Restoring Public Art One Piece At A Time: Part 1


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"East Cambridge - 1852." East Cambridge Parking Facility, corner of Second and Spring Street

George Greenamyer Restoration

You may have noticed that our fair City has A LOT of public art. With more than 200 artworks in neighborhoods all across the city, Cambridge holds the largest contemporary public art collection in Massachusetts.

Since 1979, one percent of the construction cost on municipal capital investment is designated for use in developing site-responsive public artwork.

Anyone who lived through our recent Winter will understand that many public artworks need to be refreshed and restored periodically.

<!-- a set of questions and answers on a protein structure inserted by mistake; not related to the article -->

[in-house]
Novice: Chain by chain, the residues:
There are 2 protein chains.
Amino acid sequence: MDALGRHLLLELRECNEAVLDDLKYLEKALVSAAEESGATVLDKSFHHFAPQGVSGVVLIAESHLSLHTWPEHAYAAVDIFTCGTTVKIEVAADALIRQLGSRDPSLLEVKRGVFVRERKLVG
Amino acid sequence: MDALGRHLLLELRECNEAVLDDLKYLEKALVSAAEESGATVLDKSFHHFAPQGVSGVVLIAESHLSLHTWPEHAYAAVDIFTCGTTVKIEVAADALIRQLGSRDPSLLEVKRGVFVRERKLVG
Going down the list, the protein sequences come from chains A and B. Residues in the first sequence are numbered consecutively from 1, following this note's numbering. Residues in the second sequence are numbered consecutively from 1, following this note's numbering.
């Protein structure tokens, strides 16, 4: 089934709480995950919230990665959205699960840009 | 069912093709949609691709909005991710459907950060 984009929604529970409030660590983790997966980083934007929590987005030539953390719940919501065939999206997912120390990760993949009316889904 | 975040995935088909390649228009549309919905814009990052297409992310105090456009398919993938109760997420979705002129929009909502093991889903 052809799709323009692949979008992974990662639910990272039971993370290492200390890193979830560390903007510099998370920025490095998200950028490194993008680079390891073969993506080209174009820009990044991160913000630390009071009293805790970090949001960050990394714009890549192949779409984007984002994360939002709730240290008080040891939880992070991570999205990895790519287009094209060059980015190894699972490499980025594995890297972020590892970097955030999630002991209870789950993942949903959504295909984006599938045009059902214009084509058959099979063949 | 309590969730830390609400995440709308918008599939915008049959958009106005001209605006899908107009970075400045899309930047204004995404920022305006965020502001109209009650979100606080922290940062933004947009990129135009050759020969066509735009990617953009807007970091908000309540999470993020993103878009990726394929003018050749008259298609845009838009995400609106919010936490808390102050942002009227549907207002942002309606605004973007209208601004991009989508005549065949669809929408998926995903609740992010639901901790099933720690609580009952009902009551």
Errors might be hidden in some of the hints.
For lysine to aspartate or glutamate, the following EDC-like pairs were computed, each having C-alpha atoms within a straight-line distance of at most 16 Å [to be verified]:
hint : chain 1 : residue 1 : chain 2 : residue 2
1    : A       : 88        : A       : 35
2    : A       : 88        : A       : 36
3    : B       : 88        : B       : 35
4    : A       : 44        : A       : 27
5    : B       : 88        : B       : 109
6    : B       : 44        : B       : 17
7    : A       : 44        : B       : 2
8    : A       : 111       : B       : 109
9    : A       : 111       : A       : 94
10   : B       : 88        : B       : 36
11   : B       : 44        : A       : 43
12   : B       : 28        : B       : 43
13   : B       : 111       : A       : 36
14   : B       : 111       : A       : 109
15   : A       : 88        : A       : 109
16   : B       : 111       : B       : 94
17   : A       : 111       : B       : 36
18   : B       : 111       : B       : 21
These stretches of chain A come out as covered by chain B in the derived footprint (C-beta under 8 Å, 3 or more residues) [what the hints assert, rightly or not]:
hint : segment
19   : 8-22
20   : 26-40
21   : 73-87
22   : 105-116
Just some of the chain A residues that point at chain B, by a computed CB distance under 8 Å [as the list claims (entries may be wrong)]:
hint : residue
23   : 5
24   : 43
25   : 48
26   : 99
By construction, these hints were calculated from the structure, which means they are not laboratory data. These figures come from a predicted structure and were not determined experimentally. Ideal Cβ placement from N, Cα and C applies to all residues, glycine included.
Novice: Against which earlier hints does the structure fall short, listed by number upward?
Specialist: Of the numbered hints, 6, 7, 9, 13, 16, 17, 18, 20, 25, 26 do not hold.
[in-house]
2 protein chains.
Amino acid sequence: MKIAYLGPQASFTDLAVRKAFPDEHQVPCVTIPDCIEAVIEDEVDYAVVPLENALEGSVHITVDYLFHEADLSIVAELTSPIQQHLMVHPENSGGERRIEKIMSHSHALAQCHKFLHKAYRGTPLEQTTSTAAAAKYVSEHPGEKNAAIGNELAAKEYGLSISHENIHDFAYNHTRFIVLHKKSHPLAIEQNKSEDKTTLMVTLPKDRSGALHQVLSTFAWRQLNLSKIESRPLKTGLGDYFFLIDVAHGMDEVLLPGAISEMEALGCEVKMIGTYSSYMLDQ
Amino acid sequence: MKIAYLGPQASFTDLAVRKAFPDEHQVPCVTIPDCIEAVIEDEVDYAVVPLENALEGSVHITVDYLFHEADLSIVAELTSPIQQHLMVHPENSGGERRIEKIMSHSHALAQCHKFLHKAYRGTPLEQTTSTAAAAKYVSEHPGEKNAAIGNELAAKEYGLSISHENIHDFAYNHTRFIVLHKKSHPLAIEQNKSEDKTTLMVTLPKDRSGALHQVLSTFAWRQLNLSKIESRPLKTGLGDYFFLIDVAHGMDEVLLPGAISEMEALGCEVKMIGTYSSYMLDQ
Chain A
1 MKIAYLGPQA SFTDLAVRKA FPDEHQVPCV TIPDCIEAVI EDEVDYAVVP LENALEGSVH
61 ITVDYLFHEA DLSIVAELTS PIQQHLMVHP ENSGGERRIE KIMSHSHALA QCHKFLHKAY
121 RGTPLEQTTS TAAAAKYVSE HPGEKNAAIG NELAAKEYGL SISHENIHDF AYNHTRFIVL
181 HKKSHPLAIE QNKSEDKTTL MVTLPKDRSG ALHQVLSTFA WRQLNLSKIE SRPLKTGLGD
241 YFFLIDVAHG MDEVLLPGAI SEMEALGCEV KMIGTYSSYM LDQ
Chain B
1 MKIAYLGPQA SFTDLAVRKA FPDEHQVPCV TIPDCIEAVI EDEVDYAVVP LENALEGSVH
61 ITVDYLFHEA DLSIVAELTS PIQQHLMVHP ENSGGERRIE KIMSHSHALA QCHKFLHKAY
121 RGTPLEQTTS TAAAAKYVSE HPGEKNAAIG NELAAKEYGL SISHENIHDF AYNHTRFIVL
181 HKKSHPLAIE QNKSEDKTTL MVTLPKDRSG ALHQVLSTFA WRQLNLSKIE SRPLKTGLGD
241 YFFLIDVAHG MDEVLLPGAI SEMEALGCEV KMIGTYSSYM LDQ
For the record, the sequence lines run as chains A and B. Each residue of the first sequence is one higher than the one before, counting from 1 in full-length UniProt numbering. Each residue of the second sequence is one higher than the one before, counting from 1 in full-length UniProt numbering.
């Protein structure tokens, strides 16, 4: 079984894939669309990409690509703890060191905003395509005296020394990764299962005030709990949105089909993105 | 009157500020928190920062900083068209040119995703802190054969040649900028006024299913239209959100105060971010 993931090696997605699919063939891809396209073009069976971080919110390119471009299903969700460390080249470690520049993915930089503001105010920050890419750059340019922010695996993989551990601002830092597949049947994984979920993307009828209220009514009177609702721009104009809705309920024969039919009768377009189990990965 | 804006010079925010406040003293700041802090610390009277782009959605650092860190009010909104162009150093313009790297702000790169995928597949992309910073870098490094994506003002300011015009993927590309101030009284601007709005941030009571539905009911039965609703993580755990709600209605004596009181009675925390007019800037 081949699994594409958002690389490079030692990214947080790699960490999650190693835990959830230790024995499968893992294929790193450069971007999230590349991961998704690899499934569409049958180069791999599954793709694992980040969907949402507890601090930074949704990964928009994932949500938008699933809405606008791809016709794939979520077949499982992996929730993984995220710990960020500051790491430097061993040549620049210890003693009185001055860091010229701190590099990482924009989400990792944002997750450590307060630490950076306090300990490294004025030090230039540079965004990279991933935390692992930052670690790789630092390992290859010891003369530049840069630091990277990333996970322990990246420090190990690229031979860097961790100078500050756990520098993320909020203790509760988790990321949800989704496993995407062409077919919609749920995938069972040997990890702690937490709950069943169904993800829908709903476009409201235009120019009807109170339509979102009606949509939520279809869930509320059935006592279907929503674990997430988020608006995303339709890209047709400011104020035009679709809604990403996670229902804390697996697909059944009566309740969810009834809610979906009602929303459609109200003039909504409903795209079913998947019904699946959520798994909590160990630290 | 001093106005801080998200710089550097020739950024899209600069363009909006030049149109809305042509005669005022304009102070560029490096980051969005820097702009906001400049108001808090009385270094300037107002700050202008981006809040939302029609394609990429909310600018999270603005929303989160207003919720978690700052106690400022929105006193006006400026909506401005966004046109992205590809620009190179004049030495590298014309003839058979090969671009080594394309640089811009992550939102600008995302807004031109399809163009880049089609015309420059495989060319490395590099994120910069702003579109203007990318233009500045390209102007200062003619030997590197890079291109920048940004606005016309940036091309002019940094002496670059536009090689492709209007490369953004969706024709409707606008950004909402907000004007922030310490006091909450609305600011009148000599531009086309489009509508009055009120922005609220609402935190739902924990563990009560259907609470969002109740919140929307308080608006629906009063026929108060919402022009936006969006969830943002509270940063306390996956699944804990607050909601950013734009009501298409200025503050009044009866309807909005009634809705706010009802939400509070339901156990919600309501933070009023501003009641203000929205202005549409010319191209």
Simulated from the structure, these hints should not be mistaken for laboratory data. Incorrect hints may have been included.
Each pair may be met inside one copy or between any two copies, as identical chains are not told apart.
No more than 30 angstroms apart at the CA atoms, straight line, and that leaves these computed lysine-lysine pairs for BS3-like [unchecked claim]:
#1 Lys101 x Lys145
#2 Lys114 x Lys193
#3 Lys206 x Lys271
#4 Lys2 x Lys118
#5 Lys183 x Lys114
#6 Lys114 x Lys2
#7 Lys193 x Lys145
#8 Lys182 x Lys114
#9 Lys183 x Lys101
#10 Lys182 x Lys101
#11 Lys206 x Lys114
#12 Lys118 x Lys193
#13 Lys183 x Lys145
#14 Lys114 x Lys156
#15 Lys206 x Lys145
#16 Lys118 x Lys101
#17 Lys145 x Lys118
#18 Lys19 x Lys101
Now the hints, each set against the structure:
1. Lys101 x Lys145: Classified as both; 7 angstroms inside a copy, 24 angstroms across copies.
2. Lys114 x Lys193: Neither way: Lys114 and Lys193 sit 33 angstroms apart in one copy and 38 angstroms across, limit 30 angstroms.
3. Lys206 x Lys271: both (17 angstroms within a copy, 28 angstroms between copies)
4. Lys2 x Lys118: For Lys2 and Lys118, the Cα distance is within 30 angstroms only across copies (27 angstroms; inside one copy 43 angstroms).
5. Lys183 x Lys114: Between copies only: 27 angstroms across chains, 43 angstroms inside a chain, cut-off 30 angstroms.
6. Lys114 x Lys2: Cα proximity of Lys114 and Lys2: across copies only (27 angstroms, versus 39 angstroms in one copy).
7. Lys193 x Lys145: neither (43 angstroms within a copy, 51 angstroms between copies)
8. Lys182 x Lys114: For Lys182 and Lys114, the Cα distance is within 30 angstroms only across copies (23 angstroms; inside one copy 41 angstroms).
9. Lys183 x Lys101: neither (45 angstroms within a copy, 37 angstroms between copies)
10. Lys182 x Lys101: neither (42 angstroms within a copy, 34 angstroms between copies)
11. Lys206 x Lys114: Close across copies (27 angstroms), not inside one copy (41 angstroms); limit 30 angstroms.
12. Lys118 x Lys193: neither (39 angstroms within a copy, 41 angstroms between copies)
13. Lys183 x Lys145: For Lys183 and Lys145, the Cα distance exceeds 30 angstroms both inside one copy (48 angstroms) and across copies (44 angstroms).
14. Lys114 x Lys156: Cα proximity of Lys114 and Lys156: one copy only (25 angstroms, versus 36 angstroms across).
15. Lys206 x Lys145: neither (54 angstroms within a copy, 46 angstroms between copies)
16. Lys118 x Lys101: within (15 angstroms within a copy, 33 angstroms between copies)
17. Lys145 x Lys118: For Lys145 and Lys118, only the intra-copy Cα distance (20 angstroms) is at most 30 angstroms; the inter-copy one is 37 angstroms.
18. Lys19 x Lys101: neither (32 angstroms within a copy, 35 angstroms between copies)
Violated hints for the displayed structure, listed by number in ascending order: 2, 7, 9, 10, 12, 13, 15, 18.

I had the opportunity this week to speak with George Greenamyer about his recently restored piece, a 1988 steel sculpture entitled "East Cambridge – 1852," which celebrates the furniture-making and glass-blowing industries which flourished in East Cambridge during the 19th century.

I spoke with Greenamyer and his wife and business partner, Beverly Burbank, who is also a sculptor in her own right.

“It was a great experience to work with the Cambridge Arts Council to restore this piece. We do a public art all across the U.S., and, although the steel lasts, the paint can definitely use a periodic freshen-up. Also, the expoxy paint that we use now is longer lasting than the older paint.”

The Cambridge Arts Council’s Art Conservation program supported the artist and a team of technicians to reduce rusting, stabilize sculptural elements, and repaint the entire surface to the original colors.

More About Public Art Conservation Maintenance:

Take your own tour of public art:

Next week, "The Bluefish is Good Tonight” mural in Inman Square is refreshed and rededicated.

What’s your favorite piece of public art in Cambridge?